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10 The Cloverdale Reporter Thursday, June 12, 2014

More curling accolades for Cloverdale family

Local father and son to be honoured at Curl BC awards banquet By Rick Kupchuk Team Tardi will be honoured with a pair of awards Saturday when Curl BC stages its banquet at the Best Western PLUS Coquitlam Inn. Tyler Tardi will receive the Junior Male Athlete of the Year award, while father Paul Tardi has been announced as the Coach of the year. The Tardi family is from Cloverdale, and Team Tardi is a member of the Langley Curling Club. Tyler Tardi had a very successful 2013-14 season, which included a first at the BC Winter Games in Mission. Tardi received the W.R. Bennett Award for Athletic Excellence, the first time a curler had earned the honour. He skipped his team to a bronze medal in Mission, and won silver medals at both the Tim Hortons BC Junior Curling Championships and the 2014 BC High School Curling Championships. His team won the Canada Games qualifier, and will compete at the Canada Winter Games in Prince George next February.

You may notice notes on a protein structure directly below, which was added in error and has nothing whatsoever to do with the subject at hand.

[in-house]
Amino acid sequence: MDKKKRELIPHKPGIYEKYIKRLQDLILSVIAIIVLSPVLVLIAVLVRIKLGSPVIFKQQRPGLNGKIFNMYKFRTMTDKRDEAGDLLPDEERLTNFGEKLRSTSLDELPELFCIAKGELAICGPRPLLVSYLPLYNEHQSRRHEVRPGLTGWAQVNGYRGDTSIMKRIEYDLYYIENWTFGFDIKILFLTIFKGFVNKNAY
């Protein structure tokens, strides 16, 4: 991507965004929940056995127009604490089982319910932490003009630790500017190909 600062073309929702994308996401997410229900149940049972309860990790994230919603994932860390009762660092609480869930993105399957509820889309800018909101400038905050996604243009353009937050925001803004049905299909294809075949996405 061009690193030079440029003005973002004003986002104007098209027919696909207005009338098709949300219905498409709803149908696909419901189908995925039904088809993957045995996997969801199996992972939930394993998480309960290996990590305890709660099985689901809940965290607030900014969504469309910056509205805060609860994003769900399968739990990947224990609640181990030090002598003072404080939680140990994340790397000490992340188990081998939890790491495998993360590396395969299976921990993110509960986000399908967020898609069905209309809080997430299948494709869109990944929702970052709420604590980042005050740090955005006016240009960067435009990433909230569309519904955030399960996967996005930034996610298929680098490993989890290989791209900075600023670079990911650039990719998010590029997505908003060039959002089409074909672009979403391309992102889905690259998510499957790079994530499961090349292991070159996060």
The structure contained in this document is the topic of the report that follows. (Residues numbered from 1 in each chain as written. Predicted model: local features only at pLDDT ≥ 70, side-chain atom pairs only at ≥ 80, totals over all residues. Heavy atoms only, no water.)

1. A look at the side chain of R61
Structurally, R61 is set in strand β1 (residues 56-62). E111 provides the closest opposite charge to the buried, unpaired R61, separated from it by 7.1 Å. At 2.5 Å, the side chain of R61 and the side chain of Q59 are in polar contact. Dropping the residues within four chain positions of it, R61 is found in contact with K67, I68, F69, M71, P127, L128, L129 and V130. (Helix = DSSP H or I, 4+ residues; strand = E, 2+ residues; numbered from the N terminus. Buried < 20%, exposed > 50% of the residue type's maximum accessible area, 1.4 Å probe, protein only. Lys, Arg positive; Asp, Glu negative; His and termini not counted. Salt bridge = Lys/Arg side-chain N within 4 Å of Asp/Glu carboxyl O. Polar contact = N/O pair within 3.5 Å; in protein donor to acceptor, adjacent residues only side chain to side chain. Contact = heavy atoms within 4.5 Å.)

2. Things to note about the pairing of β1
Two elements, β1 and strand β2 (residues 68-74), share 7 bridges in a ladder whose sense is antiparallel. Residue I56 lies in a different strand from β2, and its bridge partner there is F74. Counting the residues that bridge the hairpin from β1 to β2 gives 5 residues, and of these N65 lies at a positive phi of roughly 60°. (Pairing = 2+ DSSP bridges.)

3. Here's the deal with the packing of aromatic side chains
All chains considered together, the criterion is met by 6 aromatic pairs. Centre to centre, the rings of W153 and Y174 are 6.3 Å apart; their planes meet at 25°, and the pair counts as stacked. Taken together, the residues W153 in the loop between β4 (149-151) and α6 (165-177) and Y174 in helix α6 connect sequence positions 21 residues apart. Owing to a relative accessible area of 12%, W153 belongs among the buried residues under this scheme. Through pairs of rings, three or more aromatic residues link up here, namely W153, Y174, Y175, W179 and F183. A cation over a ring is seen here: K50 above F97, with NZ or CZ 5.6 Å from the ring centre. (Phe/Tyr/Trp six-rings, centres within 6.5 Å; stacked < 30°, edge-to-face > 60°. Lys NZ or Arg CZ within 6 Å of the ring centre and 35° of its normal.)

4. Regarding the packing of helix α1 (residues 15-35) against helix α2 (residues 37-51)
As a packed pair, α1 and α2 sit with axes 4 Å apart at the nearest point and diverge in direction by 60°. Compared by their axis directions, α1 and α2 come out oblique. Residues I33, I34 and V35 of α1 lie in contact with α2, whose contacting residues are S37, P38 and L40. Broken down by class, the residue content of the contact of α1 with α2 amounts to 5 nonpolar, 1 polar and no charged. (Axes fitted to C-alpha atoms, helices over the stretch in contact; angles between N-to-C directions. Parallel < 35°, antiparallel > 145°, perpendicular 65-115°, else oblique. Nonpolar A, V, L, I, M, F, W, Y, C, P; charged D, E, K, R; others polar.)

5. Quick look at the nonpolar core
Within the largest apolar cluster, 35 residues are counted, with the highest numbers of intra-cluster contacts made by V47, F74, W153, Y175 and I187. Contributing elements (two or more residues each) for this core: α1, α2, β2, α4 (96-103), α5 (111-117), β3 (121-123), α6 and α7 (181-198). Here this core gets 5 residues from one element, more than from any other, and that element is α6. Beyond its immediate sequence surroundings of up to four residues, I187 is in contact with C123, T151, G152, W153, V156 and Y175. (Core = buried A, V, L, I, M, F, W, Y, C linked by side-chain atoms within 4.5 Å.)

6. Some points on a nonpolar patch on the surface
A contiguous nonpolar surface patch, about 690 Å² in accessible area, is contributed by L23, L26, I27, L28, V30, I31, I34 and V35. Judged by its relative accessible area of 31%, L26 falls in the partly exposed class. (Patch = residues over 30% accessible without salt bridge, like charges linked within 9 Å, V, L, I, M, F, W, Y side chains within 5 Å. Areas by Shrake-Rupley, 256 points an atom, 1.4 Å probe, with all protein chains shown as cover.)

FILE PHOTO

Tyler Tardi, left, is Curl BC’s Junior Male Athlete of the Year while his dad Paul is Coach of the Year.

With Team Tardi earning podium finishes at each major event this past season, coach Paul Tardi has earned the Anita Cochrane Award for Coach of the Year. “Paul was nominated not just for his results but because of his

great attitude toward knowledge.,” said a Curl BC press release. “He shares his knowledge, not just with players but also with other coaches in the curling community.”

– Black Press


12 The Cloverdale Reporter Thursday, June 12, 2014

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June 12, 2014 Cloverdale Reporter  

The Thursday, June 12, 2014 edition of the Cloverdale Reporter.